Many people think that some degree of depression and anxiety are a normal part of aging. While it’s true that temporary sadness and anxiety are a component of all stages of life, depression and serious anxiety are not. This is why identifying and treating your senior loved one’s depression or anxiety is not only important for their own health but also helpful in giving them a better quality of life and making them feel more comfortable about aging overall.
How to Identify Depression in Seniors
Older people with depression may have different symptoms than younger people with depression, and are less likely to talk about their feelings. You may also confuse symptoms of depression for symptoms of your elder loved one’s other conditions, like Alzheimer’s.
Here are key symptoms that may indicate depression in seniors:
- Loss of interest in hobbies or favorite activities
- Loss of interest in socializing and visits
- Feelings of despair, emptiness or hopelessness
- Overeating or under-eating
- Skipping meals, losing weight
- Talking about death, feelings of suicide
- Poor hygiene, wearing the same clothing
- Unexplained fatigue
- Medication errors
- Abuse of alcohol or other substances
- Difficulty making decisions and remembering things
It’s also possible that your senior loved one’s conditions or medications may cause or increase depressive symptoms. If you suspect your loved one has depression, a doctor, therapist, or psychiatrist can help confirm the diagnosis and rule out other possible causes of troubling behavior.
How to Identify Anxiety in Seniors
Your senior loved one may experience depression and anxiety at the same time, or they may not. Even on its own, anxiety is a serious condition that can drastically reduce your loved one’s quality of life. Research suggests that anxiety is four to eight times more common than major depressive disorder, but may be harder to recognize.
Anxiety disorders are hard to differentiate from other medical problems common in seniors, so it is essential that you get a doctor or mental health care professional’s help to determine your senior loved one’s diagnosis.
That being said, symptoms of anxiety disorders can include:
- Fear, panic, or uneasiness
- Jitters, inability to stay still
- Shortness of breath
- Pain the chest
- Dry mouth
- Tense muscles
- Trouble sleeping
- Sensations in the hands and feet: cold, sweat, numbness, tingling
Seniors may develop these symptoms in response to the challenges of aging, from new health conditions to fears about falling or dying. However, anxiety is not a natural consequence of aging and can be treated.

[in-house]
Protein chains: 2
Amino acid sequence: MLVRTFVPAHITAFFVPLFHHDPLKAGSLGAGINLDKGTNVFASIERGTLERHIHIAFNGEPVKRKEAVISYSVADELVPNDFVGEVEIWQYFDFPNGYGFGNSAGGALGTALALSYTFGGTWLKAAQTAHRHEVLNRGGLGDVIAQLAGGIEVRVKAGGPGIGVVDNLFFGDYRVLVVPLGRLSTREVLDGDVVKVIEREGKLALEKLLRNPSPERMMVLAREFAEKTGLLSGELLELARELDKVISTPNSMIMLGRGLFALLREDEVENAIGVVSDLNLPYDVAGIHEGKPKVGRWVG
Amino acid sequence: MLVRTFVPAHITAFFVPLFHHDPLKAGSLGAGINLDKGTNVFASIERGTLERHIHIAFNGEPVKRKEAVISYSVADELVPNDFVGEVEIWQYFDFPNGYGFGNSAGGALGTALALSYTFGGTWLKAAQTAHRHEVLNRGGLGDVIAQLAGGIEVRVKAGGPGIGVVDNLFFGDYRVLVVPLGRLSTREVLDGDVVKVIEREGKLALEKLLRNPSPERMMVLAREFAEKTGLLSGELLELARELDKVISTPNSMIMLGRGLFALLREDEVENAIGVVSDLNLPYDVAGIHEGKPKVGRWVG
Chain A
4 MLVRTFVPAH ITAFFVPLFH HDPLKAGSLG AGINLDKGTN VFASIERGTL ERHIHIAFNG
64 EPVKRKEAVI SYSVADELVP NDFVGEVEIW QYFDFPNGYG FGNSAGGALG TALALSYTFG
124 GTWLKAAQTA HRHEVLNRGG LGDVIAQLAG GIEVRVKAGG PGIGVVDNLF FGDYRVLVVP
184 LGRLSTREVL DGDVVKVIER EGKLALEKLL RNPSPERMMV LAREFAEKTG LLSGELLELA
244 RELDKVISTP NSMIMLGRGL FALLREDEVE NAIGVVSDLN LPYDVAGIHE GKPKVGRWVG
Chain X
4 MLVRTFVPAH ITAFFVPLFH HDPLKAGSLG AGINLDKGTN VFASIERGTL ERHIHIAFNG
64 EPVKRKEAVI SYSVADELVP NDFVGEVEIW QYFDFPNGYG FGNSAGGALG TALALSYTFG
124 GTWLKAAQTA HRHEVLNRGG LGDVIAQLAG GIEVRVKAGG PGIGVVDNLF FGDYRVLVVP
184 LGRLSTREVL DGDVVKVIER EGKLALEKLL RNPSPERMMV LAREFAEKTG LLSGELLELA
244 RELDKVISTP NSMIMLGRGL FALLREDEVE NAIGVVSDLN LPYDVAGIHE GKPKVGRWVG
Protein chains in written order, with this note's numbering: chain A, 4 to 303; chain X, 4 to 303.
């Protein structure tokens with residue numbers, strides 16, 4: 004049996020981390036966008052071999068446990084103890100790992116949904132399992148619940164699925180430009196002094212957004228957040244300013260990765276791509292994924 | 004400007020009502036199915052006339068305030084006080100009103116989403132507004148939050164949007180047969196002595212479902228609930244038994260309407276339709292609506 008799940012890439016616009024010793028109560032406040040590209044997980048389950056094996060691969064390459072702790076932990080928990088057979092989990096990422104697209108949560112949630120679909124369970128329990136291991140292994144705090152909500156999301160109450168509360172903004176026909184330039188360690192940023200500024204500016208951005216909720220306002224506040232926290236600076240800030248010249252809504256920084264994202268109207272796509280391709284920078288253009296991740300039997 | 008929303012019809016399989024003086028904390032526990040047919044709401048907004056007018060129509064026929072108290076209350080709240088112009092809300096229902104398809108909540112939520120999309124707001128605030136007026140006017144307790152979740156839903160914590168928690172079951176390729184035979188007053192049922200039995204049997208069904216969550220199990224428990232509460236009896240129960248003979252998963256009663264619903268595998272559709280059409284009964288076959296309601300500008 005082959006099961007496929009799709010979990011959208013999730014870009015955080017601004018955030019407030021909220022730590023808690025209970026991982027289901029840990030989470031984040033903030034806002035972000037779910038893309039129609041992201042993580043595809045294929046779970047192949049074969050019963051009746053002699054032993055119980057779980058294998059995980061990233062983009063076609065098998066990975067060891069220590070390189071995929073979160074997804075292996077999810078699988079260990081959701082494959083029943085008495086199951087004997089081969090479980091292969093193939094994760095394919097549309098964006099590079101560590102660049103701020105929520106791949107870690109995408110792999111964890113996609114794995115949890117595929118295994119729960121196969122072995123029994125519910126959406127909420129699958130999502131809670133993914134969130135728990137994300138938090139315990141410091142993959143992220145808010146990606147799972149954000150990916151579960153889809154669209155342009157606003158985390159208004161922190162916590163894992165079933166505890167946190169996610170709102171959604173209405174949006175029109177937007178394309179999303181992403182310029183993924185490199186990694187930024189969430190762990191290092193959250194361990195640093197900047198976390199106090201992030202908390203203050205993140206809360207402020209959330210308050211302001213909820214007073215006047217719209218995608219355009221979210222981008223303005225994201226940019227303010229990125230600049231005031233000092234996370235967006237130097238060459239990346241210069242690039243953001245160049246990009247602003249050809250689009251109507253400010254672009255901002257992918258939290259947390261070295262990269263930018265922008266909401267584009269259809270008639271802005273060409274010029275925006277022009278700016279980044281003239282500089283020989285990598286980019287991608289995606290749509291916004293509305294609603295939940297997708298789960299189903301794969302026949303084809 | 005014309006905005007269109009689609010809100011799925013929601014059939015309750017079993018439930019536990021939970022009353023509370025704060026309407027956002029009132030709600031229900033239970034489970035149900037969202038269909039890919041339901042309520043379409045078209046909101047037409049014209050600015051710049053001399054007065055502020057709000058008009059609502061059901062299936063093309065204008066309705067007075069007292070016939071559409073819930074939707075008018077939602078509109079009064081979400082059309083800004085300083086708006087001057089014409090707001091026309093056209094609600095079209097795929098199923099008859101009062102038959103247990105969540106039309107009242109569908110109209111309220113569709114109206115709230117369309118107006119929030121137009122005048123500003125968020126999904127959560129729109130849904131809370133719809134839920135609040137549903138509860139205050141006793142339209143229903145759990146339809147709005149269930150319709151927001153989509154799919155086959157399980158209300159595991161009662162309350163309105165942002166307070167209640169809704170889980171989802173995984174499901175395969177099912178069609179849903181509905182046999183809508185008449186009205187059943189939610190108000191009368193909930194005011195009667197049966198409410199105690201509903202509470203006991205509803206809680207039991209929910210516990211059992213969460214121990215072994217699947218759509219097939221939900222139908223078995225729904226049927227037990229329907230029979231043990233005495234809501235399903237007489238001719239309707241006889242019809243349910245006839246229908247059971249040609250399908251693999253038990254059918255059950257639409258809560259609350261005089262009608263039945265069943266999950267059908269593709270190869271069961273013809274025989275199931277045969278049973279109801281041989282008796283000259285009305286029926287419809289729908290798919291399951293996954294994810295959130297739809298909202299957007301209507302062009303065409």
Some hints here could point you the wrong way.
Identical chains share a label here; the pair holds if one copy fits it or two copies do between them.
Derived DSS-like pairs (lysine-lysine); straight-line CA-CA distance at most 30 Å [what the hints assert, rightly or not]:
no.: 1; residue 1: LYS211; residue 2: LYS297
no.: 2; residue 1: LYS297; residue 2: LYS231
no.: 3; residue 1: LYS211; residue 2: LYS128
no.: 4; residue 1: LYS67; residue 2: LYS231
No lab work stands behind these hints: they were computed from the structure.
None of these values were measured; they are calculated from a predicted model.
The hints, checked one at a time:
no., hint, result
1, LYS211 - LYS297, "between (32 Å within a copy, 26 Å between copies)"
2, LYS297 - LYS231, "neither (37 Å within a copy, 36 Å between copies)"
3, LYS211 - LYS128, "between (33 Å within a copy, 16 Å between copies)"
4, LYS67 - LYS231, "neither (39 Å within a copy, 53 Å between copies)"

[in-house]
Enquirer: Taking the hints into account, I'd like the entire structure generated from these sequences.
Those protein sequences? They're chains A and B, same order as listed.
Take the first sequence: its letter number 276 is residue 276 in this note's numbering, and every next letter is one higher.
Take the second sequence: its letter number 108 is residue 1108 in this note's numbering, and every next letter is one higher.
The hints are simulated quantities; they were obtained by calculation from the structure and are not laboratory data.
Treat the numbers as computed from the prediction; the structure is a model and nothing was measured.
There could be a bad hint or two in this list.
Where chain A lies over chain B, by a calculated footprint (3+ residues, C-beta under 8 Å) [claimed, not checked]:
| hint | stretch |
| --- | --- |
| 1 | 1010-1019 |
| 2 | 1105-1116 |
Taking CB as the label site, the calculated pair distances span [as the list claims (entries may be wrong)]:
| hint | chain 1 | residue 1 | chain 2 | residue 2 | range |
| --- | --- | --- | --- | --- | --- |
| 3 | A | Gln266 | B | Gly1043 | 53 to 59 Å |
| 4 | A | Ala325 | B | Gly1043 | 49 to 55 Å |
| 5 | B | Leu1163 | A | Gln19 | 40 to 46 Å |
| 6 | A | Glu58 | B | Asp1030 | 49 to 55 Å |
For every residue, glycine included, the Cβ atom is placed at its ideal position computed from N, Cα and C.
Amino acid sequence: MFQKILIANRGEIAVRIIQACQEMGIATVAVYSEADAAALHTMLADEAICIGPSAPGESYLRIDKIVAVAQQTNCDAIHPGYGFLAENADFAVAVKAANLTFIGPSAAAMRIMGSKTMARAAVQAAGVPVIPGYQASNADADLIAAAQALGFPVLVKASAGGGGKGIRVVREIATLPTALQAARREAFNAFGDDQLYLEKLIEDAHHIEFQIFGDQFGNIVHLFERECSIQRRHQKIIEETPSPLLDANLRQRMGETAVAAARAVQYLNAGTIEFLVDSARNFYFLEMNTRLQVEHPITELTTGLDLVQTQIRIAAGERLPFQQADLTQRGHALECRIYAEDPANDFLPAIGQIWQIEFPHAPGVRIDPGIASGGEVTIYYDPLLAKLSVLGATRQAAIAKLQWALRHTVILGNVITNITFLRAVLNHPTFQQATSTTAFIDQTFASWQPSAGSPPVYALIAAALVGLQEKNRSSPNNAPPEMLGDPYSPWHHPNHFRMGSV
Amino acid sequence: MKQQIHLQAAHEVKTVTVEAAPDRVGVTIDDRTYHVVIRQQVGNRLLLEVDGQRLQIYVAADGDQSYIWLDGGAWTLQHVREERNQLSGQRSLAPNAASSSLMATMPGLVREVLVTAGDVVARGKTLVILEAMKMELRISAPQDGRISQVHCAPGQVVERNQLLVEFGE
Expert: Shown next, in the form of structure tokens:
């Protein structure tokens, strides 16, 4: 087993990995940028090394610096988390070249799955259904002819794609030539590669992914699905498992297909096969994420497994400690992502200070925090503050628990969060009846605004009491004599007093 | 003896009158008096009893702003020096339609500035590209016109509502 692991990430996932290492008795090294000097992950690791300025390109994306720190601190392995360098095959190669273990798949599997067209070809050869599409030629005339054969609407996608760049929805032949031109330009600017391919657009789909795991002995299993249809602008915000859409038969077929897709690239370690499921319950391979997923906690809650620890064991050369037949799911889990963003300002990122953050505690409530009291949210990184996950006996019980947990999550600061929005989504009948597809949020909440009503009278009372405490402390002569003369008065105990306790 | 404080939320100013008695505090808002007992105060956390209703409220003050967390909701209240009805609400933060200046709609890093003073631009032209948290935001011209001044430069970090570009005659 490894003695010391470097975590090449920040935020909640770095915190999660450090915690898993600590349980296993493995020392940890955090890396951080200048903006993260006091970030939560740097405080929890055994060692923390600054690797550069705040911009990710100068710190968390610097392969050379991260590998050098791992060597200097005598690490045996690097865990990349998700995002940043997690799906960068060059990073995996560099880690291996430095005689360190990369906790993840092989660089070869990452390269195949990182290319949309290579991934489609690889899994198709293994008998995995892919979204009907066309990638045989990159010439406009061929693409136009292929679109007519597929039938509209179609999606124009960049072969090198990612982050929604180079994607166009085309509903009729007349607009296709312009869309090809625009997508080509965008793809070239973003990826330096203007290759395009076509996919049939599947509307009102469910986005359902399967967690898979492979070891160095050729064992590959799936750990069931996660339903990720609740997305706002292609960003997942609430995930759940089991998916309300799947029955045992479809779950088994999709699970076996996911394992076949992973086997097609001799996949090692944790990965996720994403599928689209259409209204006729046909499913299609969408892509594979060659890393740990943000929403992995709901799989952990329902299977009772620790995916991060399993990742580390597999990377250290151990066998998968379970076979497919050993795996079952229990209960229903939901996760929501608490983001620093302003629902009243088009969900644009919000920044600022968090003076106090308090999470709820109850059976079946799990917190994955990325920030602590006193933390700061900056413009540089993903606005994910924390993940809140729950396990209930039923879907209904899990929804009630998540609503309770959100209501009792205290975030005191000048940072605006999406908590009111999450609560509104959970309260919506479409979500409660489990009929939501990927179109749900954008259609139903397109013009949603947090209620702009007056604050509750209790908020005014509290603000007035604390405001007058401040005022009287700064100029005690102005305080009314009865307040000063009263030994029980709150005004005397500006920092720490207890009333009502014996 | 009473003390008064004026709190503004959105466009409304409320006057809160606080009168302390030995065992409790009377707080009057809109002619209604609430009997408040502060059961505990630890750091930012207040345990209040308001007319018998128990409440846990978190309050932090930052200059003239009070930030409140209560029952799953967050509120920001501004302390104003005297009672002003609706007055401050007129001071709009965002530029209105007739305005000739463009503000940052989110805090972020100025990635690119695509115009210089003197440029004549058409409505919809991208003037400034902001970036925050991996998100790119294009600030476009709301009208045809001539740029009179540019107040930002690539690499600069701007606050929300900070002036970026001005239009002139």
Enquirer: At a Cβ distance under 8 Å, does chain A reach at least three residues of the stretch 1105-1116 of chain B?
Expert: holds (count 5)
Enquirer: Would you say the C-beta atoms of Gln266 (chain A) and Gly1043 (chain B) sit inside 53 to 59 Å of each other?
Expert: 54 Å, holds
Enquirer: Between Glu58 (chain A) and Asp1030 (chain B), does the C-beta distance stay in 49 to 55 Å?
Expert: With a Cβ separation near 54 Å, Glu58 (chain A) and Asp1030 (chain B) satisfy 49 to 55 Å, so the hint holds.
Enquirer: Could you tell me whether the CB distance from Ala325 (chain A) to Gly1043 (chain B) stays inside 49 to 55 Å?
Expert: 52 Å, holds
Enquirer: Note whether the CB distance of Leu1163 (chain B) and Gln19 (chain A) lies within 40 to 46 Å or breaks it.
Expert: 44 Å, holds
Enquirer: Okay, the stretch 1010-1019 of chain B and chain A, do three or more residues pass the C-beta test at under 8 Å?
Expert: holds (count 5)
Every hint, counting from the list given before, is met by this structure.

Managing Depression in Your Loved One
If you suspect your senior loved one has depression, your first step should be to speak with their family doctor. Their doctor can assess their depressive symptoms and create a personalized plan for treatment. That plan can include medications and/or therapy. Their doctor will also check for vascular depression, which is depression caused by reduced blood flow and common in older adults.
Aside from the treatment plan that your doctor and your loved one decide on, there are things you can do to help your loved one manage their depression.
Consider the following:
- Schedule group outings
- Encourage a balanced diet
- Help your senior get exercise
- Reduce alcohol, nicotine, and other substance use
- Encourage mindfulness-based techniques
Whatever you choose to do, be patient. Research demonstrates that it takes longer for seniors to respond to treatment for depression than it takes younger people. However, once they do start to respond, seniors recover as well as younger people do.
Managing Anxiety in Your Loved One
There are also a range of options available for your senior loved one who suffers from anxiety. According to the Anxiety and Depression Association of America, your first stop should be your loved one’s family physician, who can offer medication and recommendations for therapy.
You may also have success encouraging your loved one to make lifestyle changes that can help quell their anxiety.
Consider these lifestyle changes:
- Eat a balanced diet
- Get regular, gentle exercise
- Engage in social activities
- Use relaxation techniques
- Reduce stimulant use, like caffeine
- Try meditation and mindfulness techniques
There may also be changes you can make to your loved one’s environment to help them deal with anxiety. For example, if they get anxious that they will fall and hurt themselves, you can increase fall safety in their home or space, by installing handrails, moving clutter, and installing non-slip features.
Managing Anxiety and Depression for the Long Term
Managing your senior loved one’s depression or anxiety will likely get significantly easier with time. Research demonstrates that medication, therapy and lifestyle treatments are effective for seniors. In the meantime, the best thing you can do for your loved one is to extend your support and patience.
For more advice and coaching, we encourage you to schedule a call with one of the dedicated Aging Life Care Managers™ in our network.